Through testing we also learned that there were multiple use cases for users browsing information at the category level, which lead to our belief that the user should be able to control multiple view states based on their need.
There were those who were casually flipping through the category levels, perhaps to get a quick scan of everything we sell by a particular brand. For these users, images and names of products would likely be useful, whereas more detailed information like color options, descriptions and ratings might be less relevant.
There were also those who were browsing through a category with a rough idea in mind – i.e. people who knew that they wanted to view eye products. For these people, slightly more information would be useful, such as color options and ratings to be able to compare multiple similar products. Because they’d be comparing similar products, slightly the grid shifted to showcase slightly larger products, 2 x 2 in a row. This way, photos could get bigger and these users could see the detail in each photo.
The third use case was users who were browsing for a specific product – i.e. an eyeliner. These users would likely be searching for one product to select out of a smaller group after refining through filtering, so for this case we created another product grid view that showed only one product at a time with extra detailed product information written in an editorial style. This way, comparing two different products would be easy and scannable without having to dive directly into the PDP.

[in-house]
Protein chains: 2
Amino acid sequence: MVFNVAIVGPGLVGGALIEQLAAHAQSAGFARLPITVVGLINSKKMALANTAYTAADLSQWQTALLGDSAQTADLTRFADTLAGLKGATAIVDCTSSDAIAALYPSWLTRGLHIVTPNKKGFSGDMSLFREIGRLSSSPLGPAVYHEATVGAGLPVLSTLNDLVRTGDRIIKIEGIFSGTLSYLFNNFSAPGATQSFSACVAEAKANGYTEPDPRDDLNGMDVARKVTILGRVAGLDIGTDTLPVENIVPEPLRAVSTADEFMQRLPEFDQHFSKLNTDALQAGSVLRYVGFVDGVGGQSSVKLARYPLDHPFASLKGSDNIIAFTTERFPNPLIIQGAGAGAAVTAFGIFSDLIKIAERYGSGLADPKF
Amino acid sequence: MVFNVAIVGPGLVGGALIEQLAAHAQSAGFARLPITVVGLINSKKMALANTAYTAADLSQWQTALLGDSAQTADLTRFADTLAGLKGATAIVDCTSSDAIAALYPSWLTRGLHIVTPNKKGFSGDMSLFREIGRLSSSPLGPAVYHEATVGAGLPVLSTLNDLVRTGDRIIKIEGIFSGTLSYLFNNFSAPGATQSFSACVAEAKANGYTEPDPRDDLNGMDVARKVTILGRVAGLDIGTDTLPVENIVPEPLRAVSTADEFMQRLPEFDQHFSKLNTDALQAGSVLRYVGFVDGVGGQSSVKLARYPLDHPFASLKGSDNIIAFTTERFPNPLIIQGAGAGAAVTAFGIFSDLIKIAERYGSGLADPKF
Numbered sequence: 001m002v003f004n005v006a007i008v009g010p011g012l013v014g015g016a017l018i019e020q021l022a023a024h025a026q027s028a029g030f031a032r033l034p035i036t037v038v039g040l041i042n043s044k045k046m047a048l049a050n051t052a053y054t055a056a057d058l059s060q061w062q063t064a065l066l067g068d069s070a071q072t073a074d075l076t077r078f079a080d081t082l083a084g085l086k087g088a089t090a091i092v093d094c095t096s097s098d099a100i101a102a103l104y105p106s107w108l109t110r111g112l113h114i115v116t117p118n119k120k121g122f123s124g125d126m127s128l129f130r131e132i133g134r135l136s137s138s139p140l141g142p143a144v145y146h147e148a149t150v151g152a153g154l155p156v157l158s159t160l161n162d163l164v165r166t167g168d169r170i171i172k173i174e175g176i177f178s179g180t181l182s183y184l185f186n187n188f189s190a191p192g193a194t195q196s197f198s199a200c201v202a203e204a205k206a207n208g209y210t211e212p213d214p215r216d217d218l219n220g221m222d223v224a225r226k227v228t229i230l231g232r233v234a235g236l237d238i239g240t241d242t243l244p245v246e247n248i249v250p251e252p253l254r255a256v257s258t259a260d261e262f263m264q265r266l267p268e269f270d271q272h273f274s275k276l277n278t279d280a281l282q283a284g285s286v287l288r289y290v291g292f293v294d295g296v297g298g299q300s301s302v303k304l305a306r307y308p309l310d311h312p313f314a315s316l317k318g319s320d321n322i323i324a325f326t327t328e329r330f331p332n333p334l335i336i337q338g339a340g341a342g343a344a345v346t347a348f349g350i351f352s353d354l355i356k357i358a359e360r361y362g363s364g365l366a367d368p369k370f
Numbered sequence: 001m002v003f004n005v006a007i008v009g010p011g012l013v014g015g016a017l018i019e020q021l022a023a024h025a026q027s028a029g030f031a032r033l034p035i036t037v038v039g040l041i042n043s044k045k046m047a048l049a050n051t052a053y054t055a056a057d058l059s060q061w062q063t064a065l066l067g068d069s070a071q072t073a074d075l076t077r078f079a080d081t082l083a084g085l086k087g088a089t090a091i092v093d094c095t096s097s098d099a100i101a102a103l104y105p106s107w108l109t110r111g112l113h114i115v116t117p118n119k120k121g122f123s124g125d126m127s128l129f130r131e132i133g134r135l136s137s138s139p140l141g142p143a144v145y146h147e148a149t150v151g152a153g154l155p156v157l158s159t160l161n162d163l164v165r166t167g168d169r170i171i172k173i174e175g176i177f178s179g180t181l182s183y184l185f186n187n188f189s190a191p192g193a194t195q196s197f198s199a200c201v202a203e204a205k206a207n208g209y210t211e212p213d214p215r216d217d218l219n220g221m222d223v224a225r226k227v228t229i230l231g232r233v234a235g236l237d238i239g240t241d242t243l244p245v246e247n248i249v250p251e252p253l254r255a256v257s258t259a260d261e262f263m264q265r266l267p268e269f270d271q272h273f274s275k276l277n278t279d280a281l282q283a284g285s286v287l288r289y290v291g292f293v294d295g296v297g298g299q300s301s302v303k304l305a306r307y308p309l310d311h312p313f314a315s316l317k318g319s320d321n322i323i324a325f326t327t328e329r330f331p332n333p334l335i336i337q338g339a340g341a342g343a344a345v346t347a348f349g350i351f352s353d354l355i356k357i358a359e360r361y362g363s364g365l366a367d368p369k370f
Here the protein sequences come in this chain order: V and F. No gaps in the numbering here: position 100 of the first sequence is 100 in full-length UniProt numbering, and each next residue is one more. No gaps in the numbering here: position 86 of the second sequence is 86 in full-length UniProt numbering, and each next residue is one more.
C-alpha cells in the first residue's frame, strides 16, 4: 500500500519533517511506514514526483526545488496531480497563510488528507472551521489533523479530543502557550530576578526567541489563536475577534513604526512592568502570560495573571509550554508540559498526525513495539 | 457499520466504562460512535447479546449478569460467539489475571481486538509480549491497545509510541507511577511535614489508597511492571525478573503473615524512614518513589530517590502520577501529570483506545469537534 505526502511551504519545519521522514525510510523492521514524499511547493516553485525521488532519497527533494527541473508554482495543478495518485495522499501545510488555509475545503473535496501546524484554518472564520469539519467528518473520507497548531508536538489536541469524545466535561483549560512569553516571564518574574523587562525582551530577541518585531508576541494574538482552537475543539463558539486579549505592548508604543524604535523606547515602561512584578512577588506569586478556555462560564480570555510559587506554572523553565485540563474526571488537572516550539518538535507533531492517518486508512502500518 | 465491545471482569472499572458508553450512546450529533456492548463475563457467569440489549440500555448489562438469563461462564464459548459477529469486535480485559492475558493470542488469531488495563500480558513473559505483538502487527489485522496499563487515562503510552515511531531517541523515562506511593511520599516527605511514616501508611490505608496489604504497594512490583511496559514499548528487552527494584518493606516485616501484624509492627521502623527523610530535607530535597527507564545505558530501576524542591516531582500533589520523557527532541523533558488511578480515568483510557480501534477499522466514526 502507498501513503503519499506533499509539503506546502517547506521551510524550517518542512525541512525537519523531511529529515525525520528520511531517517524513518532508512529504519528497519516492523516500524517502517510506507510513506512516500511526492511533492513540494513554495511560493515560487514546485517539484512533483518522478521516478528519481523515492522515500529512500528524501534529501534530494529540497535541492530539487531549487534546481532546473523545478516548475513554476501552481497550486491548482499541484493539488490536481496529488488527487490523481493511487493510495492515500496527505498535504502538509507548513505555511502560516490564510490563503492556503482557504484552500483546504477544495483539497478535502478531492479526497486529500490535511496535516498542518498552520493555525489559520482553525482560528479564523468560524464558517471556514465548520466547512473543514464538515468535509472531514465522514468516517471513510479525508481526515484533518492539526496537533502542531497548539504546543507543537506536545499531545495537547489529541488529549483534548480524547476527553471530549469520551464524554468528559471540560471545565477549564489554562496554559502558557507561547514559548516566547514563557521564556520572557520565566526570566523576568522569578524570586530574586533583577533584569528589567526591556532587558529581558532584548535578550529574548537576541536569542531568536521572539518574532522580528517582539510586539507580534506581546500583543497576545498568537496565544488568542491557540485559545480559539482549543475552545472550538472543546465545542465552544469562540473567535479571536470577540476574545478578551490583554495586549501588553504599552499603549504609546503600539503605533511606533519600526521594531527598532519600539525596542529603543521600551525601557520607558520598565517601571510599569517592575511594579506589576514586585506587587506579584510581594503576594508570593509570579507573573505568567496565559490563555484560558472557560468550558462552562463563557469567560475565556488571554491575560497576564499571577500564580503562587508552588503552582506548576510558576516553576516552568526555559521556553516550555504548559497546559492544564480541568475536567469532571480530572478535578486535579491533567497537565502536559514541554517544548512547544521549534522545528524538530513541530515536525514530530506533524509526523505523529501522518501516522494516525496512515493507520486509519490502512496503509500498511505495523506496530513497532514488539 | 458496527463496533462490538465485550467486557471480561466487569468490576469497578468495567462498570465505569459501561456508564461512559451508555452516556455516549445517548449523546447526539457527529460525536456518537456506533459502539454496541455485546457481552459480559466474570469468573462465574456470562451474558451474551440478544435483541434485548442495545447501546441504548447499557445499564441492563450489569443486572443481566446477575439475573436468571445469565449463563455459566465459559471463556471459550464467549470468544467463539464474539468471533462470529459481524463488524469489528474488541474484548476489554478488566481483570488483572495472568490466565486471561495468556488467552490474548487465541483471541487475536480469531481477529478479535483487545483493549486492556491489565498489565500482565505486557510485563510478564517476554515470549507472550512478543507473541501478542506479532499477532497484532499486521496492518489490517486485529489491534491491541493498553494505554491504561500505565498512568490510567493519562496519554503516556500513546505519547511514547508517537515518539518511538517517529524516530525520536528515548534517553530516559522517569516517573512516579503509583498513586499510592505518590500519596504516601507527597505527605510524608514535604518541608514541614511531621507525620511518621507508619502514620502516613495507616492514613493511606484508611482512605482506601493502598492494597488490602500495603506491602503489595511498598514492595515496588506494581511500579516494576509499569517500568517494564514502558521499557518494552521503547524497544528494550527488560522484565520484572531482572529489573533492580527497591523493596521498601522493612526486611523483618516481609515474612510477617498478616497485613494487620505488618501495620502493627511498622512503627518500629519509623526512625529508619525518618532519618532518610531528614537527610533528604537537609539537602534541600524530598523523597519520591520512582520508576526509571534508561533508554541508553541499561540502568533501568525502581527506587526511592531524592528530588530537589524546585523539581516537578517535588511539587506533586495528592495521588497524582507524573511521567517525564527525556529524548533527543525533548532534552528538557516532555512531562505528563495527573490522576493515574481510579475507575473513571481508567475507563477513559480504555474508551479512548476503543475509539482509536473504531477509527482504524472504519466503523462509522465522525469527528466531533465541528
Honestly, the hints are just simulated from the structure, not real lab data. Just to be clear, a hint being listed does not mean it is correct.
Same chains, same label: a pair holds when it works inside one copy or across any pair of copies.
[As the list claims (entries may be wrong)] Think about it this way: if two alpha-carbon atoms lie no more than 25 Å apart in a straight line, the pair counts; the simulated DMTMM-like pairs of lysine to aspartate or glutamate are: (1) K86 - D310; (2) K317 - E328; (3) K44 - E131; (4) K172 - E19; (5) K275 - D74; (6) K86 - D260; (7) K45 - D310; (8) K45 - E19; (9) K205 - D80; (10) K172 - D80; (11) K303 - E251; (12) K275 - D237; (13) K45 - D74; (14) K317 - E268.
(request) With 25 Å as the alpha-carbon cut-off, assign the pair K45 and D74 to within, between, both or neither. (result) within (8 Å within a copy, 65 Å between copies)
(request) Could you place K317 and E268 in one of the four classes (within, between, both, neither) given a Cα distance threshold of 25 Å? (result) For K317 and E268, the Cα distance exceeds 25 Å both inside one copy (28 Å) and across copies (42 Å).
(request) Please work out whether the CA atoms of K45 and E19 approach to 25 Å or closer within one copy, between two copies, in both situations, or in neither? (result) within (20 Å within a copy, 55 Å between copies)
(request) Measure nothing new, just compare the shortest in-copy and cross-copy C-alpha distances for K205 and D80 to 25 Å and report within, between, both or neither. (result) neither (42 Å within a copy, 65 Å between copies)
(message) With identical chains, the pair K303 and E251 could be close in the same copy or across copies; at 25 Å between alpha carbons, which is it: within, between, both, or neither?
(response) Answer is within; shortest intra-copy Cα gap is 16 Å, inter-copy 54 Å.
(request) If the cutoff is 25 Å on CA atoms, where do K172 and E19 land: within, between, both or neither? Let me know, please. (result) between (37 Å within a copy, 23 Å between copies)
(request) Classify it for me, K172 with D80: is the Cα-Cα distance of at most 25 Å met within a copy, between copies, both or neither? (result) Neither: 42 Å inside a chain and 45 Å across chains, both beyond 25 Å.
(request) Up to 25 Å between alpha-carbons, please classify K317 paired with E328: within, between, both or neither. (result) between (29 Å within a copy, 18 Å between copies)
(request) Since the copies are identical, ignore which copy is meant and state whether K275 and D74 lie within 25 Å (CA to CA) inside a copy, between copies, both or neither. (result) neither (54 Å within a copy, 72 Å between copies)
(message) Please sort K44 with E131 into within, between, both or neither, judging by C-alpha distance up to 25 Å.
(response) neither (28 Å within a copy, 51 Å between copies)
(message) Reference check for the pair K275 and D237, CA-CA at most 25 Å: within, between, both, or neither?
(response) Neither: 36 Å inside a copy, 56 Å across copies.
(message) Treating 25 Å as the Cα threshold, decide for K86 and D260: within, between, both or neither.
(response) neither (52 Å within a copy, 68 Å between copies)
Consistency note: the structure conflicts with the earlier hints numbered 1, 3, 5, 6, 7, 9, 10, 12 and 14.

Editorializing Products Through Related Content
When we spoke with users in testing, we also learned that content and our brand’s editorial voice was extremely important to them. Because customers often browse our site for beauty inspiration and knowledge, it was important to try to weave an editorial perspective into such a functional experience. With a new full-width layout of products on the category page, we found a design opportunity to include blocks of full-width related content (relating to whatever category the user is currently viewing) such as how-to articles, tips and tricks. These blocks of content were designed with close buttons in the top corners, so users could choose whether or not to see this in their browsing experience. This preference would be saved throughout their session until the user returns back in a separate shopping session, so that they aren’t overloaded with content they don’t want when they are perhaps browsing with more of a purpose instead of a passive browsing.
This revamp of the category experience created a fresh moment for the brand while also making the overall experience much more usable. While still iterating and constantly improving this project from our initial launches, the initial design launch increased numbers significantly over our control (older design) and we are continuing to see an increase in conversion with each iteration.